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'The Three Sisters' is light on ambiguity

Anton Chekhov's

Anton Chekhov's "The Three Sisters" stars, from left, Amie Sponza, Catherine Maloney and Deborah Marshall in the title roles at North Fork Community Theater, Mattituck, through Nov. 21, 2010. Photo Credit: None/

In many of Anton Chekhov's best-known plays, his characters are wrapped in obsessive neuroses, constructing cocoons of impenetrable ennui. The author pricks this facade intermittently with comedy.

Unfortunately for us, the North Fork Community Theatre's adaptation of the great Russian author's turn-of-the-last-century play is more Chekhov lite than light. We get an abbreviated performance - nothing wrong or unusual in that. His works, now in the public domain, are radically reimagined and rewritten all the time. In her program notes, director Peg Murray, who won a Tony as the original Fraulein Kost - she led the chilling "Tomorrow Belongs to Me" number in "Cabaret" - acknowledges the comedy/tragedy dichotomy of "The Three Sisters."

Yet the cast reflects little Chekhovian ambiguity.

Amie Sponza as Olga, the eldest and a hopeless spinster at 28; Catherine Maloney as Masha, the unhappily married middle sister, and Deborah Marshall as Irina, who celebrates her 20th birthday in the opening scene, come off mostly as sibling whiners. They're living gloomily in a distant Moscow suburb, longing to return to the "greatest city on Earth." They make do with drab surroundings, brightened only by the posting of Russian soldiers who supply male companionship.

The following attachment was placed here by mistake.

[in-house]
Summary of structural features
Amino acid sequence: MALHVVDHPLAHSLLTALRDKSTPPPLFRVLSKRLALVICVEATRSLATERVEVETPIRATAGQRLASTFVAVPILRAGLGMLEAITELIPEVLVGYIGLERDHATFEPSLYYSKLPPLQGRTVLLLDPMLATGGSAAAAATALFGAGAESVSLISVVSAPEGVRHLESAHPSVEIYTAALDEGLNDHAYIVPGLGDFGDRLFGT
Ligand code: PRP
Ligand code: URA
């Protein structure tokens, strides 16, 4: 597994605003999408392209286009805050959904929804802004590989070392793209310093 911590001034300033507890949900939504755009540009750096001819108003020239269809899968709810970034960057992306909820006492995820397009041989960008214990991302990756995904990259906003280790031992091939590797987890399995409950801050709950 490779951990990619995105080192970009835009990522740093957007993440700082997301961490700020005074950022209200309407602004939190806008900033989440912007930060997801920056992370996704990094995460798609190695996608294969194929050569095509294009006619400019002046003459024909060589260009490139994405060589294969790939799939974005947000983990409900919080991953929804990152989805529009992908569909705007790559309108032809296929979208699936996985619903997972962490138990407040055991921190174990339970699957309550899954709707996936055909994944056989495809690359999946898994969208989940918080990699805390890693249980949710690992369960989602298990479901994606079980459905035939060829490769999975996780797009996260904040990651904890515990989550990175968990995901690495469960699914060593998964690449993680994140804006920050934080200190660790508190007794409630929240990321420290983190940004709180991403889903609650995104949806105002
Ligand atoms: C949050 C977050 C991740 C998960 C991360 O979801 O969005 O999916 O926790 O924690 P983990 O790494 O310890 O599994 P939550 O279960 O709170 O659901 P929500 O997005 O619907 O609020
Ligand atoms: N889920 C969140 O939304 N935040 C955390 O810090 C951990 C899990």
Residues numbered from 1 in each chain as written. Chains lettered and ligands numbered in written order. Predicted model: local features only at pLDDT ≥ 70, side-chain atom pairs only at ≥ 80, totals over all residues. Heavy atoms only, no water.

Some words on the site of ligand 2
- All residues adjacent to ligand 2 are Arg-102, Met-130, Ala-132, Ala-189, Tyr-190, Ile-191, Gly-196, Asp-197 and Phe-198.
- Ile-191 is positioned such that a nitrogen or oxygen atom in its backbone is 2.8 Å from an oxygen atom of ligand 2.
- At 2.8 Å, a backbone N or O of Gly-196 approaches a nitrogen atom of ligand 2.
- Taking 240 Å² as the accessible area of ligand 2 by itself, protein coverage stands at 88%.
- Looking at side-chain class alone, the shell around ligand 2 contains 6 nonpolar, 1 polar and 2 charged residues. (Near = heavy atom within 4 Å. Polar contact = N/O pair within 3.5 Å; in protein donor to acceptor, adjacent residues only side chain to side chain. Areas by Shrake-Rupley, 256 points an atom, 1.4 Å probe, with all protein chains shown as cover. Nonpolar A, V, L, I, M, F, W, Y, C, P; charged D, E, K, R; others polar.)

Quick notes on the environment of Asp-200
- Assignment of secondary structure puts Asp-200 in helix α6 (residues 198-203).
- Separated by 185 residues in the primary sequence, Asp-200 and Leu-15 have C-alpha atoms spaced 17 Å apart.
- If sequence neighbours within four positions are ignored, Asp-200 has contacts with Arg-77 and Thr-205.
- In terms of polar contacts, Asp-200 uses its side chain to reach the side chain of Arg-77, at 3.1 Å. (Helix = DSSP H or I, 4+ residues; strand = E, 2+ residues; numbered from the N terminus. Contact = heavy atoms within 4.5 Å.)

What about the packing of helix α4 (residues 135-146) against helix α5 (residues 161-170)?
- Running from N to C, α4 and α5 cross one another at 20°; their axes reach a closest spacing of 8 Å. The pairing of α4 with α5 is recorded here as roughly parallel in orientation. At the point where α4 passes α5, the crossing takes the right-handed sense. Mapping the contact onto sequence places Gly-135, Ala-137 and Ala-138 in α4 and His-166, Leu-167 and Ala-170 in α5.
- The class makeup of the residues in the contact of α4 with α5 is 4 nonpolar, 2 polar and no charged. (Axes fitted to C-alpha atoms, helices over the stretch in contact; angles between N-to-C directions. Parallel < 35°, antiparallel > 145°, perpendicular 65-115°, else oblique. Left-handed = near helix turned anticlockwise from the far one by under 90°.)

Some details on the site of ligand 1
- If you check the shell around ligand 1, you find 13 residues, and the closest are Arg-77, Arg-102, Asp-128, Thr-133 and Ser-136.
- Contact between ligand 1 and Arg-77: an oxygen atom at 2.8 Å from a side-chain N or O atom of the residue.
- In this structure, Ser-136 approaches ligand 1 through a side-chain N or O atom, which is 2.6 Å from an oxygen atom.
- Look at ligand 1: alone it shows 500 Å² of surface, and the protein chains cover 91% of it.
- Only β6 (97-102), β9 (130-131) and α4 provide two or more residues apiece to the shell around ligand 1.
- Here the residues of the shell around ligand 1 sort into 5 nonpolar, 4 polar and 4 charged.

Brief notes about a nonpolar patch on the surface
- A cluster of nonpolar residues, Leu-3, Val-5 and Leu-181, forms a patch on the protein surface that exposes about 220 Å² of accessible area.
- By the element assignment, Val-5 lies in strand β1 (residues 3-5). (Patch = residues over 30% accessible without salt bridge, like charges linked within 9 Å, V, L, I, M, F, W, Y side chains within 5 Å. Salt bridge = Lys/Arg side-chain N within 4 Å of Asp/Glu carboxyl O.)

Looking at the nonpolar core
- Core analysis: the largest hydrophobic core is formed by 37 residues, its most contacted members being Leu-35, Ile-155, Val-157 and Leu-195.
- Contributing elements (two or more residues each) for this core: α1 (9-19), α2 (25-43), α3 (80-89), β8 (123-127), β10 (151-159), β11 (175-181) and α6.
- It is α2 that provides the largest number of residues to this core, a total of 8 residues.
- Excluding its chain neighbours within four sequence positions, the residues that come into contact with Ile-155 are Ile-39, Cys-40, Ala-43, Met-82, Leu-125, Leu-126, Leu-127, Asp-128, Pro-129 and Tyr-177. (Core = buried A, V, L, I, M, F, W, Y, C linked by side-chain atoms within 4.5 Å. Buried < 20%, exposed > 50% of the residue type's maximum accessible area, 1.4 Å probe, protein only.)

Two soldiers propose to Irina. When she jilts the first, he threatens to kill subsequent suitors. Neither is more than a caricature as portrayed here, although Tom LaMothe as the colonel who falls for the married sister - and she for him - shows signs of life, as if he's not merely memorizing lines. David Burt as Andrei, brother to the sister troika, passes for a henpecked husband, while Lisa Dabrowski as his lowbred but highfalutin wife, evolves believably from shrinking wallflower to shameless adulteress.

Murray's use of musical interludes offers a hint of levity that doesn't emerge often with this ensemble - though David Markel as the drunken medic achieves scattered comic moments.

Gilded 19th century antiques lend a sense of place to Murray's set design. If only the czar (or director) had ordered the cast to loosen up and replace some of those empty dramatic calories with comedic substance.

WHAT: Peg Murray's adaptation of "The Three Sisters" by Anton Chekhov

INFO: $15;, 631-298-6328

WHEN|WHERE: Friday and Saturday nights at 8, Sunday at 2:30 p.m., through Nov. 21, at North Fork Community Theater, 12700 Old Sound Ave., Mattituck


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